UB receives grant from NEH to help veterans create meaningful belonging

BUFFALO, NY – A research team from the University of Buffalo has received a $ 100,000 grant from the National Endowment for the Humanities (NEH) to develop a project that will help veterans create and maintain what is often a elusive but critical sense of belonging.

The grant is part of the NEH’s War Experiences Dialogues program, which uses the humanities as channels for veterans to think more deeply about issues raised by their military service and war experience.

UB will work with the Hallwalls Contemporary Arts Center, Buffalo County and Erie Public Libraries, and the Western New York State Veterans One-stop Center on the innovative project titled “Developing a Sense of Meaningful Belonging Among Veterans ”.

“Our project goes beyond questions of how Veterans can readjust and reintegrate into society and aims to facilitate rich discussion and reflection on how Veterans find and develop a meaningful sense of belonging after their release, “said Vasiliki Neofotistos, PhD, associate professor of anthropology at UB College of Arts and Sciences and principal investigator of the grant project.

Meaningful belonging is about having a shared and common experience that creates a sense of belonging and approval by society as a whole. It is a basic human need that enables people to positively manage stress and discover coping strategies, while contributing to their overall social and emotional well-being.

While the communities created within military units often foster a sense of belonging, finding a resemblance to this cohesion within society at large can be a challenge for veterans, a challenge that could require effort and direction. from outside sources and programs that provide advice on rediscovering that missing person at the end of military service.

This is where “Developing a Meaningful Sense of Belonging in Veterans” can harness the power of the humanities as agents to develop an understanding and appreciation of the shared human experience and obligations that members of the community have. society have towards each other.

“Our intended outcome is to support them in this quest using humanities-based sources so that veterans have a better opportunity to find this meaningful belonging,” says Neofotistos, who will work with co-researchers and colleagues from the ‘UB Lisa Butler, an associate. professor in the School of Social Work and specialist in the care needs of veterans and their families, and Bonnie Vest, medical anthropologist and associate research professor in the Department of Family Medicine at the Jacobs School of Medicine with expertise in the field the health and well-being of veteran and military populations. Butler and Vest also co-lead Joining Forces-UB, a project dedicated to education and research related to veterans at UB.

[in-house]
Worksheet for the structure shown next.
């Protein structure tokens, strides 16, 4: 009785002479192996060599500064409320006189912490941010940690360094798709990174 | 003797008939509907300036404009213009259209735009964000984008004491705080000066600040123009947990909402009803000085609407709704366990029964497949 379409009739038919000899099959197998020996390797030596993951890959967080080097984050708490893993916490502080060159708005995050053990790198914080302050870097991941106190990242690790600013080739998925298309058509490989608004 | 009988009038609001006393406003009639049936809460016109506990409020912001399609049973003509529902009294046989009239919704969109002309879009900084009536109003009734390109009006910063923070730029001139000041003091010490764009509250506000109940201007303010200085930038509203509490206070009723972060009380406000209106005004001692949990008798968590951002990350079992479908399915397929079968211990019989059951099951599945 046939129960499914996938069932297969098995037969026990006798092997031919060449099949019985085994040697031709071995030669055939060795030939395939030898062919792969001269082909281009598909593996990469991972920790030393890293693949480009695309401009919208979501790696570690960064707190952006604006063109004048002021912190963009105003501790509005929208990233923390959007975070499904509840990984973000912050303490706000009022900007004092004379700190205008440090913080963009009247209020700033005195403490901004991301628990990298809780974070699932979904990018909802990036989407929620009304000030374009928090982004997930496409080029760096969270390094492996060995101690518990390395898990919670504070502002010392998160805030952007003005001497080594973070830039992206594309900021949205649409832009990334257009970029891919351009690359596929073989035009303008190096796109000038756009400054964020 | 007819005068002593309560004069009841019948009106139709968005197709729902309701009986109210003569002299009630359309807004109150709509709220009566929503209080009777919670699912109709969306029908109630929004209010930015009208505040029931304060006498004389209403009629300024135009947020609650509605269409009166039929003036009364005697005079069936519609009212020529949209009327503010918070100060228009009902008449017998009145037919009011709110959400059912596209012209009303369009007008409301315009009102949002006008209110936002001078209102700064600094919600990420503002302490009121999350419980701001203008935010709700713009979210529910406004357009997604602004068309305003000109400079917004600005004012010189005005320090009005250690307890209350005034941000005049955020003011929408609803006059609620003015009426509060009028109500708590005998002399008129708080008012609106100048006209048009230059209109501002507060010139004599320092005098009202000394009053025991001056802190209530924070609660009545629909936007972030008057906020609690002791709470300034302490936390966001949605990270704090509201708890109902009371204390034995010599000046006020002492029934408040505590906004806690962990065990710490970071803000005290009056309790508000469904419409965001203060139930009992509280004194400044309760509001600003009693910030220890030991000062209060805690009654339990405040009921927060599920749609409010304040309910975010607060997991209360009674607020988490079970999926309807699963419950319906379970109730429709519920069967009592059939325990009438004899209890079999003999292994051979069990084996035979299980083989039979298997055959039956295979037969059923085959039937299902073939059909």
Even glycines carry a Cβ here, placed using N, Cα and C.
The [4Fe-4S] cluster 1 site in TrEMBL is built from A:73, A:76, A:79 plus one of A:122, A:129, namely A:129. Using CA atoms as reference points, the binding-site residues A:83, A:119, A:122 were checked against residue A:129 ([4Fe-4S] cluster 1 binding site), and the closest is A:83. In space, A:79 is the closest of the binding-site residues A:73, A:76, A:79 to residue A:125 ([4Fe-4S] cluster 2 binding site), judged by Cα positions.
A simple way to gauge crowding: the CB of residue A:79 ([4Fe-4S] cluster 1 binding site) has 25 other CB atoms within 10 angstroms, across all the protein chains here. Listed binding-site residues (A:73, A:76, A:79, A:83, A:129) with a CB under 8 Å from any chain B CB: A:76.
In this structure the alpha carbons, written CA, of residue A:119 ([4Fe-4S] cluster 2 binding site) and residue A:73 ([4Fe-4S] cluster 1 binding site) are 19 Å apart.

“Developing a Meaningful Sense of Belonging in Veterans” begins with a program of readings and presentations organized by a team of veterans and experts in the humanities, social sciences and social work. The program includes historical writings, letters, fiction and video documentaries.

From that foundation, Neofotistos says six student veterans or recent graduates who have been deployed overseas will be trained to conduct a series of monthly discussions through October 2022 that will allow veterans to explore a different theme. each month: loss and suffering, disability, mental health, reconciliation, public memory and reintegration.

These monthly themes are opportunities for rich discussion, critical reflection, and deep engagement on how Veterans can build the supportive structures and social bonds that lead to meaningful belonging.

The first discussion cycle will take place at Hallwalls from September 2021 to March 2022. The central branch of the Buffalo and Erie County Public Library will host the second cycle from May 2022 to October 2022.

In addition to the monthly discussions, the project also includes a photo exhibition and a public panel discussion at the Central Library scheduled for April 2022. The exhibit will feature selected images from “Odyssey: Warriors Come Home”, a photo exhibit that was the product of a Veterans Photography Workshops project, funded by a grant from the National Endowment for the Arts 2018. The exhibit features the work of 36 local veterans and ran from September to December 2019 in the CEPA Gallery from Buffalo.

“This is a great opportunity for UB and our community partners to use the humanities, critical thinking and analytical skills they inspire so that they can constructively serve veterans,” says Neofotistos.

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